Table 2

Nucleotide variations in the 5’UTR and CDS of Gn1a

Alleles

−124

−31

−7

161

236

319

353

661

663

664

665

666

667

688

741

781

782

828

885

910

984

1611

A1

A

A

16bp

G

6bp

G

A

G

G

A

T

G

G

G

C

G

C

C

G

G

3bp

T

A2

A

A

16bp

C

-

G

G

G

G

A

T

G

G

G

C

G

C

C

G

G

3bp

T

A3

A

A

16bp

C

12bp

G

G

G

G

A

T

G

G

G

C

G

C

C

G

G

3bp

T

A4

A

A

16bp

C

12bp

T

G

G

G

A

T

G

G

G

C

G

C

C

G

G

3bp

T

A5

A

A

16bp

C

12bp

T

G

G

G

A

T

G

G

G

C

G

C

C

G

G

3bp

G

A6

A

A

16bp

C

6bp

G

A

G

G

A

T

G

G

G

C

G

C

C

G

G

3bp

T

A7

A

A

-

C

12bp

G

G

G

G

A

T

G

G

G

C

G

C

C

G

G

3bp

T

A8

G

A

-

C

-

G

G

G

G

A

T

G

G

G

C

G

C

C

G

G

3bp

T

A9

A

A

-

C

-

G

G

G

G

A

T

G

G

G

A

G

C

A

G

G

3bp

G

A10

A

A

-

C

-

G

G

G

G

A

T

G

G

G

C

G

C

C

G

G

3bp

G

A11

A

A

-

G

6bp

G

A

G

G

A

T

G

G

G

C

G

C

C

G

G

3bp

T

A12

A

A

-

C

12bp

G

G

G

G

A

T

G

G

G

C

G

C

C

G

G

3bp

G

A13

A

A

-

C

6bp

G

G

G

G

A

T

G

G

G

C

G

C

C

G

G

3bp

T

A14

G

A

-

G

6bp

G

A

G

G

A

T

G

G

G

C

G

C

C

G

G

3bp

T

A15

G

A

-

C

12bp

T

G

G

G

A

T

G

G

G

C

G

C

C

G

G

3bp

T

A16

A

A

-

C

-

G

G

G

G

-

T

G

G

G

C

G

C

C

G

G

3bp

G

A17

A

A

16bp

C

12bp

T

G

G

G

-

T

G

G

G

C

G

C

C

G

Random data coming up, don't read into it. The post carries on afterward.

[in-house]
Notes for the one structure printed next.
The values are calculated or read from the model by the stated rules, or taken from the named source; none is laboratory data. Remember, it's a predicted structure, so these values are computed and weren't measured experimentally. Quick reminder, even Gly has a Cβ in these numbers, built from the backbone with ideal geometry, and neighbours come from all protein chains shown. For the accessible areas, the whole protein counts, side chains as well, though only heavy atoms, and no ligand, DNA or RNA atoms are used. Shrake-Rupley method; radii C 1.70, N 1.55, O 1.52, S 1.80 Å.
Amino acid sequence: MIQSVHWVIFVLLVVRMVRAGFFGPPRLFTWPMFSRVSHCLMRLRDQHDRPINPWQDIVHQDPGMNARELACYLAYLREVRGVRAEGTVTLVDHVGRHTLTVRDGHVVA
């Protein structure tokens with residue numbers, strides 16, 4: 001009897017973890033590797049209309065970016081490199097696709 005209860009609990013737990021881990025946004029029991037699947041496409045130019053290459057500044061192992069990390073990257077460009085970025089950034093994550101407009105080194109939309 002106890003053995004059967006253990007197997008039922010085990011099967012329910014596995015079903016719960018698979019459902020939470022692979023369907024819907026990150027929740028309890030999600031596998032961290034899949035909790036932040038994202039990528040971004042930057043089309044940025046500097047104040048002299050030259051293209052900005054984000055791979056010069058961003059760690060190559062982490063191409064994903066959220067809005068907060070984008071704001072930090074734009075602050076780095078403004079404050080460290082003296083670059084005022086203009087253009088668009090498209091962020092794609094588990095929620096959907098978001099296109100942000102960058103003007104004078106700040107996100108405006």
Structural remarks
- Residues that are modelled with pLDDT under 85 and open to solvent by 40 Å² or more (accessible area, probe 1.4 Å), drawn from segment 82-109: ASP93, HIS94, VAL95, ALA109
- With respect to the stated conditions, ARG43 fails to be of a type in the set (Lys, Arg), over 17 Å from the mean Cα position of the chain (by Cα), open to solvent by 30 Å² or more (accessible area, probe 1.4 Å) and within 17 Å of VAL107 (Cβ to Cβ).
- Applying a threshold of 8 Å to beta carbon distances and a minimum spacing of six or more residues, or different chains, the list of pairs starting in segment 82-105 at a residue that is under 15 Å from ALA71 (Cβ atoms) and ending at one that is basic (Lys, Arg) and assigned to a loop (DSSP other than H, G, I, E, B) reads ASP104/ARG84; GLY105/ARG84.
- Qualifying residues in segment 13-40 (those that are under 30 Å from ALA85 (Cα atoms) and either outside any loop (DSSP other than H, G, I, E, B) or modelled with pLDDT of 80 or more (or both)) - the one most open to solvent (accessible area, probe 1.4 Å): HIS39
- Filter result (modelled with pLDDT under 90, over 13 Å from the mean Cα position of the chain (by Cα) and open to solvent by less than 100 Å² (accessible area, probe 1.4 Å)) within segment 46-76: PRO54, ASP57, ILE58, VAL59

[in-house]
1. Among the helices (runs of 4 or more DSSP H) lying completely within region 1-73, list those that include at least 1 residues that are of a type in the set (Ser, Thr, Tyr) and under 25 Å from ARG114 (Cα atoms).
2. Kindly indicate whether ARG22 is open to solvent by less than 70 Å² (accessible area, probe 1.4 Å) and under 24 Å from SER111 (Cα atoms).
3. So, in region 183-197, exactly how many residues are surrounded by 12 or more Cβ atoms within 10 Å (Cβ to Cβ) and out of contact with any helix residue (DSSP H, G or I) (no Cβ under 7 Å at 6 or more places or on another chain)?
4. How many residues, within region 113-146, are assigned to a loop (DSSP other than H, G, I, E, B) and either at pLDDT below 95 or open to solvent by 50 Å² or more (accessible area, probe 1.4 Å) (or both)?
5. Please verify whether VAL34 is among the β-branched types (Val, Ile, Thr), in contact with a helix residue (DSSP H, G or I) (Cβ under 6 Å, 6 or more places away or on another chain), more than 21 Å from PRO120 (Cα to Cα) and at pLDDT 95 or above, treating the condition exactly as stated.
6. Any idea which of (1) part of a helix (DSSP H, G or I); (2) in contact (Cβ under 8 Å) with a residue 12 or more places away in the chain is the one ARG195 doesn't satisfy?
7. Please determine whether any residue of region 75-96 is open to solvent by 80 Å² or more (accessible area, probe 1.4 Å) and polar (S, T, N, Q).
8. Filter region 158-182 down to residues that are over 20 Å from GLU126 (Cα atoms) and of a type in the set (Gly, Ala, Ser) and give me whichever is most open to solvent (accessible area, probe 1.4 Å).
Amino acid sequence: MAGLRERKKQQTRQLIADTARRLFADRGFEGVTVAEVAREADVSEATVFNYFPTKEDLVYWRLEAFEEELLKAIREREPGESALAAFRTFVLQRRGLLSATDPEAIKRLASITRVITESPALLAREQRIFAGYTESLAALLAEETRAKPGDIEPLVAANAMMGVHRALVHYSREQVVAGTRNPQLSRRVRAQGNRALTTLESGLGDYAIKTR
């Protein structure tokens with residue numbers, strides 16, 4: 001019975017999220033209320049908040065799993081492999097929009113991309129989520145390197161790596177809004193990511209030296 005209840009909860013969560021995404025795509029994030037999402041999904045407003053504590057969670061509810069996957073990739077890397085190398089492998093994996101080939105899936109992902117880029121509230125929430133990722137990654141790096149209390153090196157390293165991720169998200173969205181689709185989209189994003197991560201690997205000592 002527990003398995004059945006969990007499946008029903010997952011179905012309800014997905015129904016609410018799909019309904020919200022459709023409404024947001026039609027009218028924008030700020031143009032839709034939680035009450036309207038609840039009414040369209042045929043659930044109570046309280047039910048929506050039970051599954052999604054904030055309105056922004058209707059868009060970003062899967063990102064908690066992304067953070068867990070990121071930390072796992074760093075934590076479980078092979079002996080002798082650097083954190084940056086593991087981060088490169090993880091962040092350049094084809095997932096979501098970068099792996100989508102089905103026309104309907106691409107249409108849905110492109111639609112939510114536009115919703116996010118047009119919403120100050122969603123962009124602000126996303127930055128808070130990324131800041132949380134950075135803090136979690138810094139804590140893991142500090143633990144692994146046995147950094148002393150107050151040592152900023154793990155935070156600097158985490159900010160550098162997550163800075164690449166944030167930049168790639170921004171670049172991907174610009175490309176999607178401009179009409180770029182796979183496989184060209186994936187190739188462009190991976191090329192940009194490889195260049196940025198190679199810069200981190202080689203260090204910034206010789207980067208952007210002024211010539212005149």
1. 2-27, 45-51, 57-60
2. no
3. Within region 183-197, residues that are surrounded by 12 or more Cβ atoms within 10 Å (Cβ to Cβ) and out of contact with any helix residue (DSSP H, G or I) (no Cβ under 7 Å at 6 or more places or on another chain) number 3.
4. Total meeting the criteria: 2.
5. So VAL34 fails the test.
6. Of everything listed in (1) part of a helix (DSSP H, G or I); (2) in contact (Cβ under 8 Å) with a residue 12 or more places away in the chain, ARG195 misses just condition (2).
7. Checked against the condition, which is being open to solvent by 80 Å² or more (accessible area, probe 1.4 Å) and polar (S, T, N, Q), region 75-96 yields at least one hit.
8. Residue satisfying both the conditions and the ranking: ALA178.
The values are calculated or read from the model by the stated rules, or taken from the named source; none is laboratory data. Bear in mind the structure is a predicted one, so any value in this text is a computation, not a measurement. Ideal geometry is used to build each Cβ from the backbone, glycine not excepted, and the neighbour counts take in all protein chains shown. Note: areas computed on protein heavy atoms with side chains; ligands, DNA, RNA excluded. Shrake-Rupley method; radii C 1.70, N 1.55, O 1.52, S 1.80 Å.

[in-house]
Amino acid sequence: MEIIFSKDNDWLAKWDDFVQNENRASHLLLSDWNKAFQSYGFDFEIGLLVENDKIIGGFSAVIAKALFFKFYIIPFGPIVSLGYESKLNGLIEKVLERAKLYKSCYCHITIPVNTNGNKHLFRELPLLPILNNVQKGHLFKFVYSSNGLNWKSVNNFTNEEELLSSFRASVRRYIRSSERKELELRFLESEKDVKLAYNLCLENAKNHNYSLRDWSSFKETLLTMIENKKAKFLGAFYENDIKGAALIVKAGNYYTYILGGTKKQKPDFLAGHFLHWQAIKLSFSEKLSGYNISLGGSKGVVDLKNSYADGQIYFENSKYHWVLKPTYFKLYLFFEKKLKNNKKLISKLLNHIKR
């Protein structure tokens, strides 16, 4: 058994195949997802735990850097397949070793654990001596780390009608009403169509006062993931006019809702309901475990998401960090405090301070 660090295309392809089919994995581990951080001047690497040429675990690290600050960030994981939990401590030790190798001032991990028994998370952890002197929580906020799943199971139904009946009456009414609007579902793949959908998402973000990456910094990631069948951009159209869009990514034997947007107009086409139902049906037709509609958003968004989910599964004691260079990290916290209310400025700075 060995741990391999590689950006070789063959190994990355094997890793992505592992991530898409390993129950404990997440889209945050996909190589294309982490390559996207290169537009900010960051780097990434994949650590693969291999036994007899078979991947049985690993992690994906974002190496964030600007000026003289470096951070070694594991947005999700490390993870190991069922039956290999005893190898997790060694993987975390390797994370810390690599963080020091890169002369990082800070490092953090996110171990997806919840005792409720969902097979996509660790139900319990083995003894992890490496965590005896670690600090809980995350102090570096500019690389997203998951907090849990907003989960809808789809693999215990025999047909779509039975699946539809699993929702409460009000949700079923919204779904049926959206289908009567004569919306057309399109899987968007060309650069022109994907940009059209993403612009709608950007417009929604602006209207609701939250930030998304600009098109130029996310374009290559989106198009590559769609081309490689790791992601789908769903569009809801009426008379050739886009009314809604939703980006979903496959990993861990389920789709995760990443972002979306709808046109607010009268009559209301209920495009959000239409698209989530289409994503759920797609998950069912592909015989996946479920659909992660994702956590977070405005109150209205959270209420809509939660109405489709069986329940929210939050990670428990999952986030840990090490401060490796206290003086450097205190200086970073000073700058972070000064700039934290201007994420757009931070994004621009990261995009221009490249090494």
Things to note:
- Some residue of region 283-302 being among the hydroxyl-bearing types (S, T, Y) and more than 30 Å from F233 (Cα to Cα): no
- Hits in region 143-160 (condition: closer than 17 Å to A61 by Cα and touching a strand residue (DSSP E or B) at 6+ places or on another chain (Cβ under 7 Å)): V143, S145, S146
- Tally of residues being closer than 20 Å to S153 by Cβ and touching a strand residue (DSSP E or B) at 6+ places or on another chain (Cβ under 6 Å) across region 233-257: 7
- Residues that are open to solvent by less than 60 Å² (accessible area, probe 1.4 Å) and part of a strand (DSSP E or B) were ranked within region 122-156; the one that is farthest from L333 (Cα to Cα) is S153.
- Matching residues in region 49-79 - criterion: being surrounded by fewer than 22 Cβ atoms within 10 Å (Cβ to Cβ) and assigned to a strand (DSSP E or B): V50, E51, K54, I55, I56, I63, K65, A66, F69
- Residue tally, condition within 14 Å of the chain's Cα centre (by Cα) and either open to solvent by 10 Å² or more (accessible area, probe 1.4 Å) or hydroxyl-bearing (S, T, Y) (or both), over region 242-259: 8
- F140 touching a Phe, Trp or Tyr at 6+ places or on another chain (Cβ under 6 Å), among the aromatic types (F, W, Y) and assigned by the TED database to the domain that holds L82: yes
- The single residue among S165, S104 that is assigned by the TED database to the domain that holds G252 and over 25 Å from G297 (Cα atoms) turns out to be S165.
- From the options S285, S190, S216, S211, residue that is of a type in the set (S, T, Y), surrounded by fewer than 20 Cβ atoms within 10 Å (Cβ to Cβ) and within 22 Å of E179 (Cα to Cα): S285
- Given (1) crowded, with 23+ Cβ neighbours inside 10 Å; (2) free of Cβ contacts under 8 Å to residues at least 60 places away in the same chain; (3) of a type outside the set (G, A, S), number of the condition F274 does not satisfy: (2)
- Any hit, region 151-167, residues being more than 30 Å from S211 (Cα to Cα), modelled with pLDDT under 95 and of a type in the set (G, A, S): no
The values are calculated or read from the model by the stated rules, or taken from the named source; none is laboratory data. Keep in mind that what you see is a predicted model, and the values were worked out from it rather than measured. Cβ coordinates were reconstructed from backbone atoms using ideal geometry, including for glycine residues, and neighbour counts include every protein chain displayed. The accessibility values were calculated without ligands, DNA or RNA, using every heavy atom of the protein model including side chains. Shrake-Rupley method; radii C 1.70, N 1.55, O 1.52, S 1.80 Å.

G

3bp

G

A18

A

A

16bp

C

12bp

T

G

G

G

A

T

G

G

A

C

G

C

C

G

G

3bp

G

A19

A

A

-

C

-

G

G

G

G

-

T

G

G

G

A

G

C

A

G

G

3bp

G

A20

A

A

-

C

-

G

G

T

C

A

C

C

-

G

A

T

T

A

C

T

3bp

G

A21

A

A

-

C

-

G

G

G

G

A

T

G

G

G

A

G

C

A

G

G

-

G

A22

A

C

-

C

-

G

G

G

G

A

T

G

G

G

C

G

C

C

G

G

3bp

G

The number in the first line indicates the variable sites in the 5’UTR and CDS (excluding the introns). “-” indicated the deletions at the corresponding sites

Table 3

Amino acid variations in the different alleles in O. sativa

Haplotype

Frequency

54

79

107

118

221

230

328

537

AP1 (A12)

1.1%

A

AAAA

A

R

EMV

A

S

K

AP2 (A3, A7)

8.0%

A

AAAA

A

R

EMV

A

S

N

AP3 (A5)

14.9%

A

AAAA

S

R

EMV

A

S

K

AP4 (A4, A15)

3.4%

A

AAAA

S

R

EMV

A

S

N

AP5 (A17)

1.1%

A

AAAA

S

R

EM&

   

AP6 (A13)

0.6%

A

AA--

A

R

EMV

A

S

N

AP7 (A6)

0.6%

A

AA--

A

H

EMV

A

S

N

AP8 (A9, A10, A22)

32.0%

A

----

A

R

EMV

A

S

K

AP9 (A2, A8)

27.4%

A

----

A

R

EMV

A

S

N

AP10 (A16, A19)

1.7%

A

----

A

R

EM&

   

AP11 (A1, A11, A14)

6.9%

G

AA--

A

H

EMV

A

S

N

AP12 (A21)

1.1%

A

----

A

R

EMV

A

-

K

AP13 (A20)

0.6%

A

----

A

R

YT&

   

AP14 (A18)

0.6%

A

AAAA

S

R

EMV

T

S

K

The number in the first line indicated the variable amino acid sites of the GN1A protein; the Gn1a alleles are in brackets

Phenotypic Analysis of the GN1A Alleles